2019 Investment Outlook

On February 27th, 2019, Angela Palacios CFP®, AIF®, Director of Investments, CERTIFIED FINANCIAL PLANNER™, Nick Defenthaler CFP®, Senior Financial Planner, CERTIFIED FINANCIAL PLANNER ™, and Nick Boguth, Investment Research Associate teamed up to tackle these pressing questions and more.

Here is a recap of key points from the “2019 Investment Update”:

  • What spooked the markets last year:

    • Decelerating global growth lead by China

    • Declining earnings growth expectations

    • Higher short term interest rates in the U.S. and other parts of the world

    • Valuations started 2018 in elevated territory

    • UK BREXIT

    • Italian debt concerns

    • Trade issues

    • Government shutdown

    • Mueller investigation

  • What worked last year:

    • High quality fixed income rallied in this market

    • Bond duration – the more the better

    • Defensive & Low volatility stocks held up better than broad markets

    • Dividend paying stocks held up better than non-dividend paying stocks

    • Large cap equities held up better than small cap equities

    • In the last quarter of 2018 emerging and international developed markets held up better

  • Is a recession on the horizon: Recessions are mainly caused by four reasons throughout the world (Inflation, Reduction in exports, Financial Imbalance or commodity price crash). Currently inflation is benign here in the U.S., exports are healthy, financial excesses aren’t present (equity valuations and household debt are moderate), and our economy is highly driven by commodities.  So at this point it looks unlikely in the next year.

  • Yield curve: Flattened dramatically last year while the 2 and 5 year treasury bond yields did invert.  A traditional inversion is between the 2 and 10 year and is the signal usually watched for to telegraph a coming recession. We are keeping a close eye on this as this is becoming a potential concern.

  • Tax reform recap: Nick Defenthaler gave us an update on tax reform looking at the changes to income tax brackets, changes in the standard deduction and deductibility of state and local income taxes. If you’d like to hear more on this please listen in on our Year-end tax planning webinar for the details!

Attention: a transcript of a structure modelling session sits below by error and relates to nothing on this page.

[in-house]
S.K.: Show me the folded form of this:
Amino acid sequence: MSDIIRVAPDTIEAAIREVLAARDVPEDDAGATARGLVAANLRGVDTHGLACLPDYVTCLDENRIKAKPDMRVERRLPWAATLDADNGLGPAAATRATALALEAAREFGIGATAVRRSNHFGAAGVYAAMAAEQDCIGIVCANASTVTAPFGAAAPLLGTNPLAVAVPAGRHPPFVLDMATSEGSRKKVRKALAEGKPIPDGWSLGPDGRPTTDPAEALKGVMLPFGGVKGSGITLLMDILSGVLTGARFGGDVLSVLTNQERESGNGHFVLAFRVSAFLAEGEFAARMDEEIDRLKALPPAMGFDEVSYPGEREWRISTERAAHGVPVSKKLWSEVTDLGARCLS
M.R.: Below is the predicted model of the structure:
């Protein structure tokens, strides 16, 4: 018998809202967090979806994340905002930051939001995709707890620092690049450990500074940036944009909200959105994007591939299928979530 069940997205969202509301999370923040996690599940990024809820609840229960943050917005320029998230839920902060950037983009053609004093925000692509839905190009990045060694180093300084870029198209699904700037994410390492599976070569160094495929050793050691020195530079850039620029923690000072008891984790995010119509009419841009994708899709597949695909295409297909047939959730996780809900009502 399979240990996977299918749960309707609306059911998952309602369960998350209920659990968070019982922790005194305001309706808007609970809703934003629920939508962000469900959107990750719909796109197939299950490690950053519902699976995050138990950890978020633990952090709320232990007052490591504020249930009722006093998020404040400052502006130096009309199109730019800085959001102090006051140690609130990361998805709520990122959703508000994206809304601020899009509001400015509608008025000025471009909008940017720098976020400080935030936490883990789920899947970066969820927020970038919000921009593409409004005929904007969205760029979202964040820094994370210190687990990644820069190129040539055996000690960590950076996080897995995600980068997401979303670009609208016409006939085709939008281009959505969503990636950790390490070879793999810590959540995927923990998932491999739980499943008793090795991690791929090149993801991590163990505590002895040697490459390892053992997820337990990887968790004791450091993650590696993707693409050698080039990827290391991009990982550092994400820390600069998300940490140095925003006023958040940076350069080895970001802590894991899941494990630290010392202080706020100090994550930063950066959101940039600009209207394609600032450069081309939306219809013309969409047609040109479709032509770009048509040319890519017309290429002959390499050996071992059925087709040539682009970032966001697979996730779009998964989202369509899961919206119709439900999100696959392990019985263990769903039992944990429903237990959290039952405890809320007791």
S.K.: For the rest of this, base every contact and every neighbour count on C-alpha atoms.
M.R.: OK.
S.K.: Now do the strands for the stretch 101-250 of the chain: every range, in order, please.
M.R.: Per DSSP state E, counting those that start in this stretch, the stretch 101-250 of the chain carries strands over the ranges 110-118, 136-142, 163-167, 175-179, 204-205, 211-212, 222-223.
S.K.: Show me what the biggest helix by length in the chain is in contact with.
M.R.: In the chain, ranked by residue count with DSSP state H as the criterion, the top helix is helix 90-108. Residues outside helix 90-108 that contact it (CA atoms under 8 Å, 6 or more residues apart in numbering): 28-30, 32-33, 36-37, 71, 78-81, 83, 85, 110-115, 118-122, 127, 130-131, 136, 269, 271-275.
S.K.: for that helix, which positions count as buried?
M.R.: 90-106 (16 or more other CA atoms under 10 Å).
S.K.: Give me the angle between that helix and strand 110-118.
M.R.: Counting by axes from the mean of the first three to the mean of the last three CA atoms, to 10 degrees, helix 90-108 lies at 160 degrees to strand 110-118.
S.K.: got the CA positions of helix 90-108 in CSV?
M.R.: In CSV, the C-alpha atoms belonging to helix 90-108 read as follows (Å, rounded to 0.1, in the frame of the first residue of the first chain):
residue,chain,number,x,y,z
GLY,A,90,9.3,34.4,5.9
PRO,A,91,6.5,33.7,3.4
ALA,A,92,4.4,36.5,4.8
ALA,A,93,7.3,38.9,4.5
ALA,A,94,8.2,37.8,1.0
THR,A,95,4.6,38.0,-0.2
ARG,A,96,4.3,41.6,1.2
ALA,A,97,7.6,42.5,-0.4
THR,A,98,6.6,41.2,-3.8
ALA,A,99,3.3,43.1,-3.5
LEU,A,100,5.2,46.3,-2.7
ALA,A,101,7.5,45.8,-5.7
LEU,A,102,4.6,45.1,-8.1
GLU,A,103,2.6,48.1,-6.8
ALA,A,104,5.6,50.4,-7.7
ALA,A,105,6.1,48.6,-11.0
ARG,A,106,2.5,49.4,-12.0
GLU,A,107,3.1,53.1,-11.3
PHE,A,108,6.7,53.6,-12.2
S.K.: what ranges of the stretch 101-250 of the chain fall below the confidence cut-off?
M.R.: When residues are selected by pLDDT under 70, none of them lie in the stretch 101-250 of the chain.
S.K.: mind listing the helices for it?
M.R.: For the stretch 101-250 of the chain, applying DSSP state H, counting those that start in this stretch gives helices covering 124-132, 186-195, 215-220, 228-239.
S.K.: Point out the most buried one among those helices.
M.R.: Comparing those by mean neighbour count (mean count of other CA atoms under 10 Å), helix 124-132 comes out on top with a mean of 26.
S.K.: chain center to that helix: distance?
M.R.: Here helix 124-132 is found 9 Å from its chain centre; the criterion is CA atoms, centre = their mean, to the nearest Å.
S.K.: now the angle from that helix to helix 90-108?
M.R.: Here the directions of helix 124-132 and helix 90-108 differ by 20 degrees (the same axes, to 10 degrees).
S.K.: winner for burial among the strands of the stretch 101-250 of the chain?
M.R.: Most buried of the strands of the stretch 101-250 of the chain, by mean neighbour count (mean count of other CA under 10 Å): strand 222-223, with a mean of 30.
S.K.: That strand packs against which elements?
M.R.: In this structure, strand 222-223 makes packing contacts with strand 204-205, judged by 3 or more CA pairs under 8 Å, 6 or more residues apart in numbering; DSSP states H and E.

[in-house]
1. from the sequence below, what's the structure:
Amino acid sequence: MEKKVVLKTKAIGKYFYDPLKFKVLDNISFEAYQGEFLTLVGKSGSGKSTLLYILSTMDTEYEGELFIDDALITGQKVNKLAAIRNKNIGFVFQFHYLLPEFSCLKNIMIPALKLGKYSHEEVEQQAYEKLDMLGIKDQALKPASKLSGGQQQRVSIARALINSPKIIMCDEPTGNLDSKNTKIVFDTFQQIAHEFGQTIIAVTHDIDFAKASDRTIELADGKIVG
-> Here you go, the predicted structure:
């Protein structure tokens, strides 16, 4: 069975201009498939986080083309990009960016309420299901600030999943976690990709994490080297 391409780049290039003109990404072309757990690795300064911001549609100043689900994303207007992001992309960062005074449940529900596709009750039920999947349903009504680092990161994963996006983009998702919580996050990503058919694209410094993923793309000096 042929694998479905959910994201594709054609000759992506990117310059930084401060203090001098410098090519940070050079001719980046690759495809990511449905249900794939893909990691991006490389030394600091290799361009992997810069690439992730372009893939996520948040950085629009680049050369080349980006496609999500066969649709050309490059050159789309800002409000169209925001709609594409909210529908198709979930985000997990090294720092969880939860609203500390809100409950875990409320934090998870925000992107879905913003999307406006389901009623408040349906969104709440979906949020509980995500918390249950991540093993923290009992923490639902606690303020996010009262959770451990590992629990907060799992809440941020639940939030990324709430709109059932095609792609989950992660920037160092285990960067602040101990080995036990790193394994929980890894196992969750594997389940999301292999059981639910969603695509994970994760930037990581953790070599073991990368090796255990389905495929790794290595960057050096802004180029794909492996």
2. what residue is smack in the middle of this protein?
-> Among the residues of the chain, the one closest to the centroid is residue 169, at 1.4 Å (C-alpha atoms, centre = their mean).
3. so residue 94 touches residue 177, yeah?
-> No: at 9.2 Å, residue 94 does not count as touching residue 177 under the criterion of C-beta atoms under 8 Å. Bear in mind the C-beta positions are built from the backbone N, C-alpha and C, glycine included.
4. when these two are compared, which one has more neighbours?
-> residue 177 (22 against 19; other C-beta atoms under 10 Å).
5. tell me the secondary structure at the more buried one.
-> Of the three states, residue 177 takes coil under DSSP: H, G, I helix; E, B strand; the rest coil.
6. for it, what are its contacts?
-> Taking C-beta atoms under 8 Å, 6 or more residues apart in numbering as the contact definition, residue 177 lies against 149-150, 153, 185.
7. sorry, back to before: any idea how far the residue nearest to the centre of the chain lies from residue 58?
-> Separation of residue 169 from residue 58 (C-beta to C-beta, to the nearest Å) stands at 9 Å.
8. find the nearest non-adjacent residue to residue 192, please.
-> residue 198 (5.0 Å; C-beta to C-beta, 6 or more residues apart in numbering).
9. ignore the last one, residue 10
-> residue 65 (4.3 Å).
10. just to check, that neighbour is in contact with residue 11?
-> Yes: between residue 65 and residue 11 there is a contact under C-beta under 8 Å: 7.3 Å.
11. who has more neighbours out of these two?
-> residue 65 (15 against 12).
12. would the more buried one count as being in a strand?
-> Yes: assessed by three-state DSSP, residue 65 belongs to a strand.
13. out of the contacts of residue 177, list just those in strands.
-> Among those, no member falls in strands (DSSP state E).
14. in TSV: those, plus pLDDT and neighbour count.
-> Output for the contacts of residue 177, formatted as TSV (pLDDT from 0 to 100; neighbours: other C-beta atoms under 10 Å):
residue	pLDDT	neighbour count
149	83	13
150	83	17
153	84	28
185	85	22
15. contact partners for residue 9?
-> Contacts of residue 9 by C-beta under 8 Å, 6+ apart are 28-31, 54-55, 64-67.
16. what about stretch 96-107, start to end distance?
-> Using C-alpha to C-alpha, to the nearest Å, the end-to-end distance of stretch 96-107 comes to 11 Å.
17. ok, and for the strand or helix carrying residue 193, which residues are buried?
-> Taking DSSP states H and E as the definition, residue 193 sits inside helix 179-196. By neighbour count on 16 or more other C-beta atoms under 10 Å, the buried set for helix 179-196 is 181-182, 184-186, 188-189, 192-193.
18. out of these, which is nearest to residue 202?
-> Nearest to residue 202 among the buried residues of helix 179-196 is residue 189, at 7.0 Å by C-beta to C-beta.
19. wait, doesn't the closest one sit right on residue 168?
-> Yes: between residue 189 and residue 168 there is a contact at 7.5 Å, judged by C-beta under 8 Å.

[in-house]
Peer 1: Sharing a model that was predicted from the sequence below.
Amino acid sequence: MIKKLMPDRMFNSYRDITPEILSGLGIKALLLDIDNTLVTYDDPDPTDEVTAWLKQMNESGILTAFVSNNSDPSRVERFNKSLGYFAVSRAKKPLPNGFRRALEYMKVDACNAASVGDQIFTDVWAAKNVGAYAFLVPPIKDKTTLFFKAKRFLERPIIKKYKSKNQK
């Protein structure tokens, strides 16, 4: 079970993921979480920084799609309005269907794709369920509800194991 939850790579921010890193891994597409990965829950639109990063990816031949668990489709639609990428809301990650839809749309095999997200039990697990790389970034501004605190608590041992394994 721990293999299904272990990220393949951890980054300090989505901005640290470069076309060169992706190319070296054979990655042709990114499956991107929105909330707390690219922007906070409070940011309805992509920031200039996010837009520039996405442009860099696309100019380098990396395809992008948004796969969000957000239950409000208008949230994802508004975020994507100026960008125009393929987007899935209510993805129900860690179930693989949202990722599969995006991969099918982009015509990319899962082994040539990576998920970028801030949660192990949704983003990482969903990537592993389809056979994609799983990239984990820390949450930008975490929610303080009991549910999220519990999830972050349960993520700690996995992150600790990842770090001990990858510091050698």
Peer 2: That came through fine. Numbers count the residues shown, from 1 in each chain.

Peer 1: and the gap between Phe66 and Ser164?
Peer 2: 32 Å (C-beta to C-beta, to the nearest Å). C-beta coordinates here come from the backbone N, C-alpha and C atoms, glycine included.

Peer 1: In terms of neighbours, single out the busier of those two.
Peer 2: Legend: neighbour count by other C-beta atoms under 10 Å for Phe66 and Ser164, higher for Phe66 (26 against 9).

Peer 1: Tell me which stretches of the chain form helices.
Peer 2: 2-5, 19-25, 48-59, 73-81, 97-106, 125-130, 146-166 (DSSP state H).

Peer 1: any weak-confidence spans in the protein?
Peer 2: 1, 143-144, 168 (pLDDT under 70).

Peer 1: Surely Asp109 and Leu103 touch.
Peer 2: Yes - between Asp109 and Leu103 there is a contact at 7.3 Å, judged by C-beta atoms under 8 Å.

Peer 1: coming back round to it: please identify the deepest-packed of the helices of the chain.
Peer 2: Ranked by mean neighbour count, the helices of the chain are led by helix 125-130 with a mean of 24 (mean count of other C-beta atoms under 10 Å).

• Client Portal: A Center for Financial Planning, Inc.® app??!!! We hope you are as excited as we are! Nick Boguth gave a quick demo of our new client portal and document vault. If you are interested in learning more or want to sign up for this service just reach out to your planner!

Angela Palacios, CFP®, AIF® is a partner and Director of Investments at Center for Financial Planning, Inc.® Angela specializes in Investment and Macro economic research. She is a frequent contributor The Center blog.

2018 Fourth Quarter Investment Commentary

2018 4th Quarter Investment Commentary, Volatility, Interest Rates, Shutdown Slowdown, China Trade Negotiations, Global Concerns

The 2018 wild ride!

We’d love to see you at our investment outlook event on Wednesday, February 27th from 11:30am-1pm for lunch and a full update on 2018 and the year ahead.  You can register here

How times have changed! As I write this, I often like to look back and see what I was thinking about last year at the same time.  In the fourth quarter of 2017, we were talking about how low volatility had been for an extended period and that it was unlikely to continue.  Unfortunately, we were right.  In 2017, we had only eight sessions where the S&P 500 moved up or down more than 1% (versus the average which is 53 days in a given year since 1958)!  In 2018 the number of days up or down more than 1% numbered closer to 60.  While more than average, this is closer to average volatility than we had grown accustomed to.  December is usually the least volatile month on record but this time registered more than it’s share of wild swing days for the year. 

Volatility